In particular ∑b(Ω nk (ϵ)) equals \(\frac {1}{2}\sum b_{0}(\partial\varOmega_{n-k}(\epsilon))\), where in both cases the sum is made over the indices νkμ−1. The second part of Lemma 15 implies now that each one of the points in Z(ϵ) belongs to the boundary of exactly one of the Ω nk (ϵ),νkμ−1. This implies that the previous sum \(\frac {1}{2}\sum b(\partial\varOmega_{n-j}(\epsilon))\) equals exactly half the number of points of Z(ϵ). On the other hand Z(ϵ) is defined by the intersection in ℝ2 of the unit circle with a curve of degree n+1, namely det(ωqϵp)=0. Thus Z(ϵ) has at most 2(n+1) points and
$$b(X)\leq n+1-2(\mu-\nu)+n+1. $$
Since for μ=ν we have b(X)≤n+1, then we may assume μν≥1 which finally gives the desired inequality. □

Remark 1

Using the same technique, it is possible to prove that if X is the intersection of three real quadrics in ℝP n , then b(X)≤n(n+1). The interested reader is referred to [13].

We move now back to the smooth case and we prove the bound for each specific Betti number. The interesting part is that our bound b k (X)≤2(k+2) does not depend on n. We start with the following lemma.

Lemma 16

Let X be a nonsingular intersection of two quadrics in ℝP n and S 1 be the union of two half circles C 1 and C 2=−C 1 such that C 1C 2={η,−η} and det(ηq)≠0. Then for every k∈ℕ we have
$$b_k(X)\leq b_0\bigl(\varOmega^{n-k} \cap C_1\bigr)+b_0\bigl(\varOmega^{n-k}\cap C_2\bigr). $$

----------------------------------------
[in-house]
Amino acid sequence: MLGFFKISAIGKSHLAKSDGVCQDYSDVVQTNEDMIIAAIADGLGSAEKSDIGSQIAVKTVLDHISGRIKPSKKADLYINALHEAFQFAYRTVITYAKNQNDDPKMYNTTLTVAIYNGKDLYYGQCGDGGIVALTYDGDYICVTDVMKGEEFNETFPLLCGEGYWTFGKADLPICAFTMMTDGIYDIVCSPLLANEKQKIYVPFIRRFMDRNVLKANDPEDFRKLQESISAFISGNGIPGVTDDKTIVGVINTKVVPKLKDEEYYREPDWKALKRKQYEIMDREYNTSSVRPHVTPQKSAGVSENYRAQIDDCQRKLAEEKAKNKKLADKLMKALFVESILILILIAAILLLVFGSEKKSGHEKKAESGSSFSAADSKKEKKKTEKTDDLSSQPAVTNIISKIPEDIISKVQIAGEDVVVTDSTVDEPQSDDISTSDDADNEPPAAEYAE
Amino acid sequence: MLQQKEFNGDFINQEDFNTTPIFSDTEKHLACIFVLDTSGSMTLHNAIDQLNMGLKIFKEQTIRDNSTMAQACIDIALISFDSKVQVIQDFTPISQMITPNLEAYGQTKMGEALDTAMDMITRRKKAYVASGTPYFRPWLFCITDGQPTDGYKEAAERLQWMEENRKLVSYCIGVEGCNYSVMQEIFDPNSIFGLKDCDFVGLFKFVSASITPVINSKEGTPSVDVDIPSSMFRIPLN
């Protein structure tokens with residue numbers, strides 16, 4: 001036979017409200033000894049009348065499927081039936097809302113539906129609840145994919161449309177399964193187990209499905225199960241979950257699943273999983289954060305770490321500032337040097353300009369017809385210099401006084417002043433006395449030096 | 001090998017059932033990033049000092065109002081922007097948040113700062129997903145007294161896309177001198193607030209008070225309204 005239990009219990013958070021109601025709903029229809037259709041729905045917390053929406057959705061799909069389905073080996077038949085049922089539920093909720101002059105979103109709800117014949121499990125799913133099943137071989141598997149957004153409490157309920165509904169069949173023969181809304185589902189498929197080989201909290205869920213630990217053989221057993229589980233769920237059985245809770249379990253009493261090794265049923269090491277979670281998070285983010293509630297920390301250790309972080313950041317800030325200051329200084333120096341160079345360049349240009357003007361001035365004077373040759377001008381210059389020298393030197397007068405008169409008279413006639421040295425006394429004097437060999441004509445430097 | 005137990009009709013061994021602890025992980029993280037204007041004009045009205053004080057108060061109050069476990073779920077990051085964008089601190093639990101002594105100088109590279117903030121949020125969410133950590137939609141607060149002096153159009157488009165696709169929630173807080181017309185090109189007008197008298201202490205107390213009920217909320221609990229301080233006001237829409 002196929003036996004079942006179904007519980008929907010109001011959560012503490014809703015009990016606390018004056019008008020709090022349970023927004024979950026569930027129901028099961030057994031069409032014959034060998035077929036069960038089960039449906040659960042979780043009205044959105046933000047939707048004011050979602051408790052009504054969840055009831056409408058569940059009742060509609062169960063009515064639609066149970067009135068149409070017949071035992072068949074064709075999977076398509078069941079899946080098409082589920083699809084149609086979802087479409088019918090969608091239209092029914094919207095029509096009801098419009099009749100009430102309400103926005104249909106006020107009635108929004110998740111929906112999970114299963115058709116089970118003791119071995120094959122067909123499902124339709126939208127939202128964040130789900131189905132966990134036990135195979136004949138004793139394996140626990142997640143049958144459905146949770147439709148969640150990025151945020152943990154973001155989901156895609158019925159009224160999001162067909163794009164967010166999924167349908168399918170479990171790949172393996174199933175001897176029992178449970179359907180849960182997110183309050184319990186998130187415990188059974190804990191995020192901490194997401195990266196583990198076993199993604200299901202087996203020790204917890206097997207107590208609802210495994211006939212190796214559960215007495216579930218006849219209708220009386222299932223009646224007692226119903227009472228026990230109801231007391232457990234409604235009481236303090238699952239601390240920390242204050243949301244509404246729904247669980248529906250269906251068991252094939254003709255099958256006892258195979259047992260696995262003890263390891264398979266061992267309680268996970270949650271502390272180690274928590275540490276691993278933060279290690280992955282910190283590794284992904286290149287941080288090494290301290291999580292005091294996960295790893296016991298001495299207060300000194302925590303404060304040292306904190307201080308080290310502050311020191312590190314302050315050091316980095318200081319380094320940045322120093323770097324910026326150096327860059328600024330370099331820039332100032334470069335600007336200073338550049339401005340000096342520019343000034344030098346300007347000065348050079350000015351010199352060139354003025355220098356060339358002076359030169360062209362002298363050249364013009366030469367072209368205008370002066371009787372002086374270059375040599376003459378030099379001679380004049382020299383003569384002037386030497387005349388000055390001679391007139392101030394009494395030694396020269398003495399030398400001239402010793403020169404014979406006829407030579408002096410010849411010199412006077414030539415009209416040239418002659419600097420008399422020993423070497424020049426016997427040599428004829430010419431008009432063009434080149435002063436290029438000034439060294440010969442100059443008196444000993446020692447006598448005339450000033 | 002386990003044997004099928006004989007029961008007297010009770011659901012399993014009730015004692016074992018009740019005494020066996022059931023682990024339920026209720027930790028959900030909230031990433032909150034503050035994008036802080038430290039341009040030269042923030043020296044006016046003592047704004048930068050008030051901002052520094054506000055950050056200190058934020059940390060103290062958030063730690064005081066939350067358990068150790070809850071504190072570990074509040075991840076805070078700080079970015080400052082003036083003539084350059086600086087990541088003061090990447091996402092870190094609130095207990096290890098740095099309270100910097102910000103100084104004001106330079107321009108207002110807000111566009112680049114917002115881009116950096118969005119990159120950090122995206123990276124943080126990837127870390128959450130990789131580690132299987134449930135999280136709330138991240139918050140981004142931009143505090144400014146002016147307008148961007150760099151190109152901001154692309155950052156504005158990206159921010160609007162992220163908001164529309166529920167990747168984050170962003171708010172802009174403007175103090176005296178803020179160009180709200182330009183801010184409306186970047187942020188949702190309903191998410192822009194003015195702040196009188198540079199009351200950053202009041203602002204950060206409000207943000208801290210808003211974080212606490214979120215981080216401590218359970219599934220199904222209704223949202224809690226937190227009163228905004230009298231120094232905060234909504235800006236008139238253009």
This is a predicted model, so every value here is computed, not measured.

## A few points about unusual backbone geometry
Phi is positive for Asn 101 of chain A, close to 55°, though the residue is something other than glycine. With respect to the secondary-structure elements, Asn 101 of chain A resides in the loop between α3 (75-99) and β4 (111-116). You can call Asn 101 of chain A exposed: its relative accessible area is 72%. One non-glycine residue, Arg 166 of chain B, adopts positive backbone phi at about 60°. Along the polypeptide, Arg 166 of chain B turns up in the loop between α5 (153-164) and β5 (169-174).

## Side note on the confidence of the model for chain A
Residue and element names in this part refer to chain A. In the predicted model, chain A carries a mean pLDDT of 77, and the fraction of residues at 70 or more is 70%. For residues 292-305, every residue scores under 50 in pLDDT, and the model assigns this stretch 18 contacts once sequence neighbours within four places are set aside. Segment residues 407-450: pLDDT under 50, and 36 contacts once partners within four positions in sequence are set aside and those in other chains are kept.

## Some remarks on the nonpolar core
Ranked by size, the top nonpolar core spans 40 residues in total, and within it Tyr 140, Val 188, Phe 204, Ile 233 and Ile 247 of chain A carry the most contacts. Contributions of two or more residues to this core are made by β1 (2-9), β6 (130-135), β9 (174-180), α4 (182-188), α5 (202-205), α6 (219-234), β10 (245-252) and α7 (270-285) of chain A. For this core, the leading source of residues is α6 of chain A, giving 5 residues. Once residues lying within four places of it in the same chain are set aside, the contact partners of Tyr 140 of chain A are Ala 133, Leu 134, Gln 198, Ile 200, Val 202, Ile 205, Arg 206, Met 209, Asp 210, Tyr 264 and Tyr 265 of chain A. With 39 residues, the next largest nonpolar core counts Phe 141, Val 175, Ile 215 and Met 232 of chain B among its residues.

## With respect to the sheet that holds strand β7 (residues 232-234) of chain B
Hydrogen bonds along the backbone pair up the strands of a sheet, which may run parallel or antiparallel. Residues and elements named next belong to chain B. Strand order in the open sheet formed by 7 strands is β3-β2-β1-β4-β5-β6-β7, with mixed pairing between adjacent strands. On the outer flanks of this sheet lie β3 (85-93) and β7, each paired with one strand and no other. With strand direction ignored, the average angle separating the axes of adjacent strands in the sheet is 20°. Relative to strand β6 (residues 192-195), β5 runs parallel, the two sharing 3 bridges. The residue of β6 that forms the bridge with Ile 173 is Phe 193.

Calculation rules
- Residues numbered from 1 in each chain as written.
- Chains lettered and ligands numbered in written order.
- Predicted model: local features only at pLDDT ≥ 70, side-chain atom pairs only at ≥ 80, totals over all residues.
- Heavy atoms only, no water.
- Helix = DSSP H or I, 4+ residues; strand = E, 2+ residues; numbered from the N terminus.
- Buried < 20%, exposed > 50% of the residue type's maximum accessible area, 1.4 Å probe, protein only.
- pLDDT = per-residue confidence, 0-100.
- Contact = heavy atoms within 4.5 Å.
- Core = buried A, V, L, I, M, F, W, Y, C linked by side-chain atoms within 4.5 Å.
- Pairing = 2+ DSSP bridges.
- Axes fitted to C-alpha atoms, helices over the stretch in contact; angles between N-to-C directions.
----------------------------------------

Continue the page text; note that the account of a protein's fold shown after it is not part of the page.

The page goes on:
Proof

We first notice that by the semialgebraic Mayer–Vietoris sequence (see [7]) for the pair (C 1,C 2) we have
$$b_0\bigl(\varOmega^{n-k}\bigr)\leq b_0\bigl(\varOmega^{n-k}\cap C_1 \bigr)+b_0\bigl(\varOmega^{n-k}\cap C_2 \bigr)-b_0\bigl(\varOmega^{n-k}\cap\{\eta\} \bigr)-b_0\bigl(\varOmega^{n-k}\cap\{-\eta\}\bigr). $$
If knμ then Theorem 8 gives the desired bound, since b k (X)≤b 0(Ω nk ). In the case k=nμ Theorem 8 gives b k (X)≤b 0(Ω μ )+b 1(Ω μ−1). If b 1(Ω μ−1)=0 then again the result follows from the previous inequality. In the remaining case the index function has only two values μ and μ−1 and either η or −η has index μ: if it was not the case then they both would have index μ−1 which is impossible because μ=maxi+ and i+(η)=n+1−i+(−η). Thus also in this case the conclusion follows from the previous inequality. □

Theorem 17

Let X be a smooth intersection of two quadrics in ℝP n . Then for every k∈ℕ:
$$b_k(X)\leq2(k+2). $$

Proof

We start by proving a formula for the index function of a smooth intersection of quadrics. Recall that this amounts to the fact the set of points Z on S 1 where the determinant of ωq vanishes is finite and at each one of these points the index function jumps exactly by ±1. Let us fix an orientation of the circle and divide the set Z into the disjoint subset Z + and Z consisting respectively of the points where the index function jumps by +1 and −1 when crossing them counterclockwise. Let us fix also two points η,−η on S 1 where the determinant does not vanish. Consider the counterclockwise arc I=[−η,η] and a point \(\omega\in \operatorname {Int}(I)\) such that det(ωq)≠0. Le ρ ±(ω) and λ ±(ω) be respectively the cardinality of [−η,ω]∩Z ± and [ω,η]∩Z ±. Let also 2θ be the number of non real projective solutions to det(ωq)=0.

We claim that using this notations the index function verifies
$$ \mathrm{i}^+({\omega})=\rho^+(\omega)+\lambda(\omega )+\theta. $$
(14)
Let us prove this formula. We have i+(−ω)=n+1−i+(ω), because det(ωq)≠0, and i+(−ω)=i+(ω)+λ +(ω)−λ(ω)+ρ(ω)−ρ +(ω), because of the definition of the functions λ ± and ρ ± and the fact that Z =−Z +. Thus:
$$2\mathrm{i}^+(\omega)=n+1-\lambda^+(\omega)+\lambda(\omega)-\rho (\omega)+ \rho^+(\omega). $$